The thing about traditional comics that I enjoy the most is the ability for creators to create a vision that is clearly communicated to the reader. Comics are creative alchemy: between words, pictures, and panels; between writers, artists, inkers, letters and colorists; and between building a history, revising that history, and developing a future to further build upon. Traditional comics are at once collaborative but also direct. After all, a very small creative team communicates their story to you directly. The best comics are ones in which creators leave clear imprints with a strong narrative direction that captures the voice of the creators in a way that only that specific creative team could do. Unlike film and TV, comics are rarely limited by budget or warped by executive mandate: comics are limited only by imagination.

If that direct line from the creator to the reader is what makes comics so special then webcomics embody this notion more clearly than perhaps any other medium. Webcomics present the opportunity for a singular creative vision where the barrier between the reader and creator is as thin as the screen you read from. As both a reader of The Aversion Bureau and a friend of its creator, I could so clearly hear different aspects of Seb’s personality and his life (and embellishments thereof) within both the characterization and the adventures of The Aversion Bureau’s cast. Sebastien delivers an experience that only he could produce as his creativity and mad sense of humour manifest in the comic; the Aversion Bureau is the imagination of Seb in its purest form, transfused and translated into comic form.


Upon reading the Aversion Bureau, you will find that the pace of the story picks up quickly and delivers consistently. The comic wins the attention of the reader and rewards them by pulling them into a whirlwind of world-building, adventure, and comedy. Each strip advances the story while delivering hilarious lines and gags along the way. Once you become more comfortable with the main characters and the Bureau itself, you can feel the creativity expand and the ridiculousness step up a level. From ongoing arcs to quick gags, every strip delivers a funny and satisfying part of a surprisingly thorough whole. Each strip feeds into a wider narrative yet Seb don’t hesitate to move sideways into moments of self-contained hilarity. This non-uniformity in both storytelling and humour allows for a creative freedom that ensures the very best of Seb’s idea are transmitted to an audience which cannot help but be completely engaged. In each arc, Seb balances humour with adventure while adding a personal touch and a dash of sentimentality (as evidenced by the strips in this post). Over the course of nearly 400 strips, Seb builds a world in which jokes flourish and are infused with a neverending stream of wit, hilarity, and absurdness.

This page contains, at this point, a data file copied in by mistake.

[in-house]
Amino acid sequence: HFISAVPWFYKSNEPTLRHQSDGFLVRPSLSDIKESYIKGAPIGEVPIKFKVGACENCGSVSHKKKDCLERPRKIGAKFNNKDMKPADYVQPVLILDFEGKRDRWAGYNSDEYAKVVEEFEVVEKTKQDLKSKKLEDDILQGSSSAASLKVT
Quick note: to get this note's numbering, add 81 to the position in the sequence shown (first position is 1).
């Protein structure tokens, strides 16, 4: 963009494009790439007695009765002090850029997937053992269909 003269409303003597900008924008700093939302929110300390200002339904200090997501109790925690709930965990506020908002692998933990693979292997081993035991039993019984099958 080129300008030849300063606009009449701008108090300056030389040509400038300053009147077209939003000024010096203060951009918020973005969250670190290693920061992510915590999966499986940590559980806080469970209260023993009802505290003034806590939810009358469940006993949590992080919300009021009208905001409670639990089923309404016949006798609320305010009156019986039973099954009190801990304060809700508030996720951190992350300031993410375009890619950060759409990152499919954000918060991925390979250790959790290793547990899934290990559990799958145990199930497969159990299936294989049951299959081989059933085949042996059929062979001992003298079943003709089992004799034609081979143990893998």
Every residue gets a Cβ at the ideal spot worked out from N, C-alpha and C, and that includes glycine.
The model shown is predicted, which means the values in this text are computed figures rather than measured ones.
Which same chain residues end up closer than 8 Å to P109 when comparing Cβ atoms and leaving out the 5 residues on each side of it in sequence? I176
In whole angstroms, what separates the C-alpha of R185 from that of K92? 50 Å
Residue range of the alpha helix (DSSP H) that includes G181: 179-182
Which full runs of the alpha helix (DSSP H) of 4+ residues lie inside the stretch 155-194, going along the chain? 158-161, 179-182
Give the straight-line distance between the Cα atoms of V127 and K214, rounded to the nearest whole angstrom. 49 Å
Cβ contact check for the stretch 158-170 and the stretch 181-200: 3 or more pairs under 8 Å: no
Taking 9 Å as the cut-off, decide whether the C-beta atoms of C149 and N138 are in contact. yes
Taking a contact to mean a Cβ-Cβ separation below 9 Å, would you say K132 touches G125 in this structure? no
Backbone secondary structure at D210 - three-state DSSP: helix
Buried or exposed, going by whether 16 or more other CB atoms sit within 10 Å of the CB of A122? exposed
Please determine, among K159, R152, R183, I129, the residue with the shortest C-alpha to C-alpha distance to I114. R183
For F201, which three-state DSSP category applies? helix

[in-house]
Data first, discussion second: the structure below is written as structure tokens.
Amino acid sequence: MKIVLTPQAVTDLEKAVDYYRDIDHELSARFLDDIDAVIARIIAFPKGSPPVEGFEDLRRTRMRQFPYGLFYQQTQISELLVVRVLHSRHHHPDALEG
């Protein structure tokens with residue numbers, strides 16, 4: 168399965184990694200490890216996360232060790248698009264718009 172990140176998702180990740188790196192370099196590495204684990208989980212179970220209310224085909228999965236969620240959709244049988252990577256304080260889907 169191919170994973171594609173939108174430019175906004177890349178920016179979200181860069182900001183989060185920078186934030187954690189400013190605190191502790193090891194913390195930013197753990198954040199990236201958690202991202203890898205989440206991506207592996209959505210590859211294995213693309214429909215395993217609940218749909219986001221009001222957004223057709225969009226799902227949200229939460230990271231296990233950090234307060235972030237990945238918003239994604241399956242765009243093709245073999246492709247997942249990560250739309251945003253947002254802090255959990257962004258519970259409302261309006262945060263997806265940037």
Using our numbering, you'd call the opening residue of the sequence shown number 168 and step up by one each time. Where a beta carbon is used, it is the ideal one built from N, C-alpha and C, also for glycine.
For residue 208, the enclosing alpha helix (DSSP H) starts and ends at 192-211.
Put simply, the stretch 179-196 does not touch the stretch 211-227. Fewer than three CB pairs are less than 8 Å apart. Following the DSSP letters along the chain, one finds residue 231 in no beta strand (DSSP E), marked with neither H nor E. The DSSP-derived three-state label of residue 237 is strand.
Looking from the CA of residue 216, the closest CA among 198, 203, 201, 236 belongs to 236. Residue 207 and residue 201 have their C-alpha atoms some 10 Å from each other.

The story itself isn’t the only thing that picks up and delivers consistently, of course. Seb’s evolution as a creator charts a similar arc, rising quickly and impressing at every level. From the evolving quality of art to the selective use of colour and even to the introduction of Sunday pieces, you can feel Seb growing as a creator and the confidence and quality of his work building every day. Each new strip and arc pushes the overall quality of the Aversion Bureau to new heights. Upon re-reading the story from the beginning, it truly dawned on me how much Seb had accomplished in creation and his artistic skill. It occurs to me now that it seems only natural that he would be choose to leave the strip behind, not because his passion for it has diminished but rather because making the comic has driven his creative development and has vaulted him to new levels as he seeks to develop himself as a more holistic artist and even more accomplished creator. The Aversion Bureau imbued a sense of confidence in him that not only improved his stills but also continue to push him to create new things and move into new and exciting directions. Our passions drive us and creativity is the intangible substance that fuels our most earnest desires. Above all things, the Aversion Bureau is a manifestation of unrelenting passion driven by unbridled creativity.